The protracted slump in oil prices has made it challenging for the industry to identify cases of fraud and theft. However, the current lack of visibility exposes potential vulnerabilities in the pipeline, leading to billions in losses every year.
Blockchain, a digital ledger that can also be used within supply chains, is poised to transform this network with 1) enhanced transparency throughout the system, 2) greater control over how trades are executed and payments managed, and 3) a higher degree of trust between parties who are interacting. For example, in the oil industry, blockchain can provide a radical change in the following areas: If you are planning to invest in Oil industry, you may consider knowing about the role of blockchain in oil trading.
Reduction in systemic risk:
Reduction in systemic risk, both financial and physical, that could disrupt the oil supply if intermediaries do not adequately control activities. For example, people can record data so that the oversight of parties involved in oil trading is transparent.
It assures that all parties involved only sell or transfer the same cargo once at two different ports. In addition, a single smart contract can be created by people for each transaction to track and record participation by various parties and state changes as appropriate. Once a transaction is complete and recorded, it becomes part of the permanent history that helps prevent future disputes.
With blockchain, this process can be streamlined by people, and companies can verify the choice of counterparties. Furthermore, the identities of all parties involved in the transactions are verified during the process. Such steps will significantly reduce loss due to fraud and theft in the industry.
In addition to reducing crime, blockchains smart contracts enable such trading activities as the private issuance of commodity-backed loans financed by secure storage receipts or bills of lading. Oil companies can also use blockchain technology to manage the trade of oil, goods, and equipment. Furthermore, blockchains include a decentralized database, which allows all the participants to share and evaluate data. As a result, it brings complete transparency to the supply chain and helps companies track their goods throughout the pipeline.
Disintermediation is an essential process for blockchain to reduce systemic risk because it allows buyers and sellers to avoid paying for multiple layers of brokers or intermediaries. Brokers are financial gatekeepers who take advantage of oil producers by charging excessive fees to connect them with potential customers. Blockchain can also remove barriers that prevent suppliers from reaching consumers directly-a move which could lower costs for both sides.
Reduction in costs due to process automation efficiencies, which will automate many of the manual back-office processes currently performed by humans via the blockchain network. The oil industry is currently investing in IoT and self-driving trucks. The technology can also reduce costs by streamlining business processes and eliminating intermediaries who add no value to a transaction.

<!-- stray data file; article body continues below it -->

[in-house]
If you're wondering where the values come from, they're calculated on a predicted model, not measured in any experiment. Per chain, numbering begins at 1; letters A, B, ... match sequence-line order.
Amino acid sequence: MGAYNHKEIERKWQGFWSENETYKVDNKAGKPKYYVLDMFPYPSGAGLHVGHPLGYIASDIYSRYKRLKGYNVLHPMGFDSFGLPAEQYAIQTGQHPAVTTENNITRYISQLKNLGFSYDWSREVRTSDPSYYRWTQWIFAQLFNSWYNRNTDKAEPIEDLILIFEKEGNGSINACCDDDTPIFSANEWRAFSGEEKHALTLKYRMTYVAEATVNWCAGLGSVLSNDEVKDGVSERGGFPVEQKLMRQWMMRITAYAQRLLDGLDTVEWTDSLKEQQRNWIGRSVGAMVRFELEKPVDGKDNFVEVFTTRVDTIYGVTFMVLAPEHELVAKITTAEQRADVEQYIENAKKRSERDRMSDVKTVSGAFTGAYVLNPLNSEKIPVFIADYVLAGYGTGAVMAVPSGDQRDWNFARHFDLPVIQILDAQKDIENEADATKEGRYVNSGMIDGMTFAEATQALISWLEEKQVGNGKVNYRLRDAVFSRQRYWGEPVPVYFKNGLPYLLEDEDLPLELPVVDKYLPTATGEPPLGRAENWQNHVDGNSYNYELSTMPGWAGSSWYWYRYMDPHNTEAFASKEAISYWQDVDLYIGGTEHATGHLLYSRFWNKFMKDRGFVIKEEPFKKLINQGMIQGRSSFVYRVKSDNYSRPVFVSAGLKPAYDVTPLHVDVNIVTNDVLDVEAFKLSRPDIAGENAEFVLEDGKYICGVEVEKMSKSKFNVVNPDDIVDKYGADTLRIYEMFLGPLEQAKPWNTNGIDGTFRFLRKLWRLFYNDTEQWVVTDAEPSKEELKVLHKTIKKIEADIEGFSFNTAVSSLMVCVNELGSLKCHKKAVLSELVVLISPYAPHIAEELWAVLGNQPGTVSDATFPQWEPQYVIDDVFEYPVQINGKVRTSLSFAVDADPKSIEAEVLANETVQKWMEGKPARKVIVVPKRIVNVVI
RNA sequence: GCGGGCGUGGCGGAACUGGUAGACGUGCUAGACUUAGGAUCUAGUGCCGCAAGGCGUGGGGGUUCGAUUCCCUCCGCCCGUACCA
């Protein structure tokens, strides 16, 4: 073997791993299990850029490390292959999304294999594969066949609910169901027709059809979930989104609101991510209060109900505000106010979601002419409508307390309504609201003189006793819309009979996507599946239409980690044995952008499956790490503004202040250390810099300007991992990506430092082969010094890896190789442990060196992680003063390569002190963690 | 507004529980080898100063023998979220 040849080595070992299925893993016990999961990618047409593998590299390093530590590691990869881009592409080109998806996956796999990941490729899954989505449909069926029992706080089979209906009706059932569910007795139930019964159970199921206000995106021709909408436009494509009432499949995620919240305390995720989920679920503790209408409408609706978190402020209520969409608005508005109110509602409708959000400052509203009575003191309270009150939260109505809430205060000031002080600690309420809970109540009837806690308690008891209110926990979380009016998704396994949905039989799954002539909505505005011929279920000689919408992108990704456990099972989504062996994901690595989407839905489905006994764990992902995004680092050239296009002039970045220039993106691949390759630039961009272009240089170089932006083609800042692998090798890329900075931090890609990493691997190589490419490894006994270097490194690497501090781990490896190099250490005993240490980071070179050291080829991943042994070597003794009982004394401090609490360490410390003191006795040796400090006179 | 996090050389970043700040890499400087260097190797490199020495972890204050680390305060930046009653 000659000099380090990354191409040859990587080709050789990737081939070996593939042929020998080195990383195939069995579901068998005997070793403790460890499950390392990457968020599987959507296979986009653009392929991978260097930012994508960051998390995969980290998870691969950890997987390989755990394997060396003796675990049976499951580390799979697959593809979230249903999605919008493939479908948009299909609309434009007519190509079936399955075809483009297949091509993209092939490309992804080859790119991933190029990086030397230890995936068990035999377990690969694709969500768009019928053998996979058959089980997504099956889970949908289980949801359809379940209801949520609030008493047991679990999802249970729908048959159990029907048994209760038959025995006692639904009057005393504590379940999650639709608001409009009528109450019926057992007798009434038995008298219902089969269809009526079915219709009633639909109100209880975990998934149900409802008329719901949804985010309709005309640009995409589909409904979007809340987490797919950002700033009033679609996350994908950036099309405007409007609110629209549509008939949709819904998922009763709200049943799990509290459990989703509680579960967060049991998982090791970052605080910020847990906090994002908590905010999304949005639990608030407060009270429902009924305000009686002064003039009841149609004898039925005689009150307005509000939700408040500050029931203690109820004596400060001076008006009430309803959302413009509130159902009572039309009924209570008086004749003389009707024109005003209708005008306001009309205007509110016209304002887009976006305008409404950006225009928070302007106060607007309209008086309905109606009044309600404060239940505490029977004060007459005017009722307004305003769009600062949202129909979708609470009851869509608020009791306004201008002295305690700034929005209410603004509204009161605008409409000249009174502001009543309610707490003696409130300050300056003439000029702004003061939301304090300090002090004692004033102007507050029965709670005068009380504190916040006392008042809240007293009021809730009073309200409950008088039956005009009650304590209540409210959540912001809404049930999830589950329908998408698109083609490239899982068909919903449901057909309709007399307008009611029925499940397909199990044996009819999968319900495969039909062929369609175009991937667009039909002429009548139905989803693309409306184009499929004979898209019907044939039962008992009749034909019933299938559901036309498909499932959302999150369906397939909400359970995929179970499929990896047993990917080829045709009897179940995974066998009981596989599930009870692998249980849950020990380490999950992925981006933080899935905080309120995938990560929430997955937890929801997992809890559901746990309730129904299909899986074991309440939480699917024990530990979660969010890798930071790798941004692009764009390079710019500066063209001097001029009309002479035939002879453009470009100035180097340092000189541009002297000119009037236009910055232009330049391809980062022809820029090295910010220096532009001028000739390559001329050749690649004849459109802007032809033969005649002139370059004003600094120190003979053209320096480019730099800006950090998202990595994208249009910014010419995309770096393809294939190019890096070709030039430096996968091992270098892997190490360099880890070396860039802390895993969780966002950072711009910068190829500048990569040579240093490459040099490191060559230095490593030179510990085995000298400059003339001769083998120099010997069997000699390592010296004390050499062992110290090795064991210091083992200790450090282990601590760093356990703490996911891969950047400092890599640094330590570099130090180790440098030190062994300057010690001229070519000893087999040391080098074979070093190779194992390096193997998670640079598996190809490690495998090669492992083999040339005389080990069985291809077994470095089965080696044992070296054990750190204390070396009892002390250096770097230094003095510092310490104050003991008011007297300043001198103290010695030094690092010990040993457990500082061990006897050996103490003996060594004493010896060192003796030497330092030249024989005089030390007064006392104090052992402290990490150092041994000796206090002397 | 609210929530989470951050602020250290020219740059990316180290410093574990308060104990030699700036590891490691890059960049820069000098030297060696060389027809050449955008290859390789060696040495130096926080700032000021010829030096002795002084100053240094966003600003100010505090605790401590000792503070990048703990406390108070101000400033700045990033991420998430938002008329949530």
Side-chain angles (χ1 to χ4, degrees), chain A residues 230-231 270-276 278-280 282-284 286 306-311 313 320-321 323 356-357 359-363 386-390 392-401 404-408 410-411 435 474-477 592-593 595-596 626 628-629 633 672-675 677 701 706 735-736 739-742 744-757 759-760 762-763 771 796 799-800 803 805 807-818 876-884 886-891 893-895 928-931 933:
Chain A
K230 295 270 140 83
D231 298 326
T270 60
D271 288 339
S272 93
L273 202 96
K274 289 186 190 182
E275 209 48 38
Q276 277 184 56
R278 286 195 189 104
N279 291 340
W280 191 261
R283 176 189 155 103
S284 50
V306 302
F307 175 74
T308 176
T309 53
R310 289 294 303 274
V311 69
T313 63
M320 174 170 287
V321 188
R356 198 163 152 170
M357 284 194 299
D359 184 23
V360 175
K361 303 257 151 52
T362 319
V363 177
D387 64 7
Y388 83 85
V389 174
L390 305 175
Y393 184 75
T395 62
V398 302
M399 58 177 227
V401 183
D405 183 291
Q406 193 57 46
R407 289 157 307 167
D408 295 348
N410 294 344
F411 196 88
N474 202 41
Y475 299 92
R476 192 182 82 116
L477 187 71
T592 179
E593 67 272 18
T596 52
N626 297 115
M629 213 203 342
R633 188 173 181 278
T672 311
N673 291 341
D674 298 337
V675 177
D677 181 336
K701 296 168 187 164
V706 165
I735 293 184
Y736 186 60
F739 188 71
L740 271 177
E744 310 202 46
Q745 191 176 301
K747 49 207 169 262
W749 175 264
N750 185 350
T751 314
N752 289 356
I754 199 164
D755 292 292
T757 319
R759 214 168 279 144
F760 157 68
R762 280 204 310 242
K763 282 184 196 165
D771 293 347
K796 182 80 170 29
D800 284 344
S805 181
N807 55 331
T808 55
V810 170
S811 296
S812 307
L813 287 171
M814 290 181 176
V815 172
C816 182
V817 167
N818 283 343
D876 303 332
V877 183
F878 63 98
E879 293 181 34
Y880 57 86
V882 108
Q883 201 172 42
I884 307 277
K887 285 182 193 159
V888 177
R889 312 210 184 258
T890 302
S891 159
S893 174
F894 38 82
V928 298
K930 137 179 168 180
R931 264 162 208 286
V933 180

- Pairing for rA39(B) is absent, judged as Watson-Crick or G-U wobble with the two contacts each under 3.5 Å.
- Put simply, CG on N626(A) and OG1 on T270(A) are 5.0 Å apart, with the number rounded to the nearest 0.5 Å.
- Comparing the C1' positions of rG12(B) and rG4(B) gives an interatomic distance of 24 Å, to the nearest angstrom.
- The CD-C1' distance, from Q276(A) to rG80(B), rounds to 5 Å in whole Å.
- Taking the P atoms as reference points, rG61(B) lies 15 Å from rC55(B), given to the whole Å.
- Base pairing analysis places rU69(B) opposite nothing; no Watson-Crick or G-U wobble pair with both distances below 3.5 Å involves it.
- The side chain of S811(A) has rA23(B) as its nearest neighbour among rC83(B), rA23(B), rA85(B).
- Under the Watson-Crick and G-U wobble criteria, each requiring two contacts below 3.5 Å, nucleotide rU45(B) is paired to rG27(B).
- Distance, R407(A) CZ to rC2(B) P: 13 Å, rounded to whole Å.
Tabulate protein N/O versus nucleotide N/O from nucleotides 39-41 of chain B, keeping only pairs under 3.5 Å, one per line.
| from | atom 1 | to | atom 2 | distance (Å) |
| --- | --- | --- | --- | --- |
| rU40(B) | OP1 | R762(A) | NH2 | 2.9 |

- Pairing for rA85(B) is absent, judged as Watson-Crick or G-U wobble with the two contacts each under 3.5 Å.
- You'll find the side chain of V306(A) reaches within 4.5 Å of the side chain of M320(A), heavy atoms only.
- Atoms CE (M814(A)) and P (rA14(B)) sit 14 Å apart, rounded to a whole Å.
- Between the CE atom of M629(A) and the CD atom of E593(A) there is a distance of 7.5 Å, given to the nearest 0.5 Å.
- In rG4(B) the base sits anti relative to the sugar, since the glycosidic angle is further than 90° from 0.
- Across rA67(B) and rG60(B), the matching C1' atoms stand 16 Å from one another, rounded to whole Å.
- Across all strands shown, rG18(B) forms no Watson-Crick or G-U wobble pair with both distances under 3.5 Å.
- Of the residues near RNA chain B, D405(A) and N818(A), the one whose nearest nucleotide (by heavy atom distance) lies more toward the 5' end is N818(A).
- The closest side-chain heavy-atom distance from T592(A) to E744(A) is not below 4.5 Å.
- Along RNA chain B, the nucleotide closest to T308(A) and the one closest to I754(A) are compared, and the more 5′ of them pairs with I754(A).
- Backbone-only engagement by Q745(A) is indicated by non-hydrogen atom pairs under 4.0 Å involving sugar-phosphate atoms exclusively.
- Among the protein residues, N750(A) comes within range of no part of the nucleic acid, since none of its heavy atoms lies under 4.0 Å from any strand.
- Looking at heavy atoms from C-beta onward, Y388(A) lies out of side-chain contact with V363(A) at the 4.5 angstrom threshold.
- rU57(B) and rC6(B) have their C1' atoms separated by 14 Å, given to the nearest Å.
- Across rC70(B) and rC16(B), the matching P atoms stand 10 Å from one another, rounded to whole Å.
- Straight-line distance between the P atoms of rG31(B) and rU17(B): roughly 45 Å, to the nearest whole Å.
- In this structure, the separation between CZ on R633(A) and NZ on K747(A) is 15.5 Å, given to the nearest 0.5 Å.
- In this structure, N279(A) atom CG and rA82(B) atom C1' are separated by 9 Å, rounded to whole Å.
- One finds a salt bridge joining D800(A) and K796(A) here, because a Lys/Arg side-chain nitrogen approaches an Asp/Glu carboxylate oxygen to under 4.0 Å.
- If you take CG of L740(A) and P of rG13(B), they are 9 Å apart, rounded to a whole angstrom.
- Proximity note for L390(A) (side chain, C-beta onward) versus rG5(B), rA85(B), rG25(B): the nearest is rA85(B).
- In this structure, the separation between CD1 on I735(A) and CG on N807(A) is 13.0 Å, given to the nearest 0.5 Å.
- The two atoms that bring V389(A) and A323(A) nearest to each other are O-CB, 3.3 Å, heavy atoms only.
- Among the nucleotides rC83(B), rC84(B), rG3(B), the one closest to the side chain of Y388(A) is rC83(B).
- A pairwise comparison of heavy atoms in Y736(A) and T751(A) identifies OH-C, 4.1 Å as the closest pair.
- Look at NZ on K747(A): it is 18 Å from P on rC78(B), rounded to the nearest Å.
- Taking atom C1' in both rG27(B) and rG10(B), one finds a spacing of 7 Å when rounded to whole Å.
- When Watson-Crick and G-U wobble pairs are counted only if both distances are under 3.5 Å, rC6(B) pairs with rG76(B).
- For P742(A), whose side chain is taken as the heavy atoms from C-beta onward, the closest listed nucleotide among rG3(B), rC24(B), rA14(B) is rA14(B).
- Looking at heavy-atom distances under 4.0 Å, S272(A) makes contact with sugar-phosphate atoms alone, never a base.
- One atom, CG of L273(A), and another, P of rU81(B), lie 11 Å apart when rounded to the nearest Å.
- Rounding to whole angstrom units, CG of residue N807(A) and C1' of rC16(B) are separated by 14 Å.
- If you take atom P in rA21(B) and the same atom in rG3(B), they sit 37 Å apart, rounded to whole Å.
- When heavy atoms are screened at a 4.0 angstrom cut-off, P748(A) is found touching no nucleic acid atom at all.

The benefits are limited to the production companies and extend to all parties involved in the supply chain. For example, industrial machine distributors could benefit from a change in how they ship large equipment overseas by using blockchain smart contracts instead of letters of credit opened by banks.
Blockchain enables control over all information relevant to the manufacturing process for each order, including shipping progress and location, which different parties along the supply chain verify. The distributed ledger technology will also reduce shipping time and costs because parties have a greater sense of trust and certainty, which can be tracked on the blockchain.
Disruption in global logistics:
Conditions for oil transportation are gradually changing with the development of blockchain. However, the current system is based on paper documents, which is expensive and slow due to the involvement of several parties in the process.
A blockchain approach would enable all parties involved in transportation to see the same version of events or facts at any given time throughout the shipping process, making it easier to resolve any disputes that occur when they arise. They envision a world where all parties involved in the supply chain can coordinate their efforts, and they have already started implementing their technology in practice.
Disruption of the refining oil industry:
The current process for distributing crude oil requires some intermediaries, but blockchain can change this. When applied to upstream activities, blockchains can automate many manual tasks that currently require humans to perform at high levels, such as collecting data from sensors or meters to verify records kept by the producer.
One of the industry’s most critical tasks is ensuring that no oil goes to waste, either at refining or during transportation. Blockchain can improve this process by enabling a real-time track and trace of each barrel of oil. People can create smart contracts executed on the blockchain as needed.
Blockchain can also speed up the distribution of refined products and reduce overhead costs. As each transaction is recorded, it becomes part of a permanent ledger distributed among all participants involved in the supply chain network. As a result, each party can access and verify only the data they need to know at any given time, thus reducing overhead and speeding up the entire supply chain process.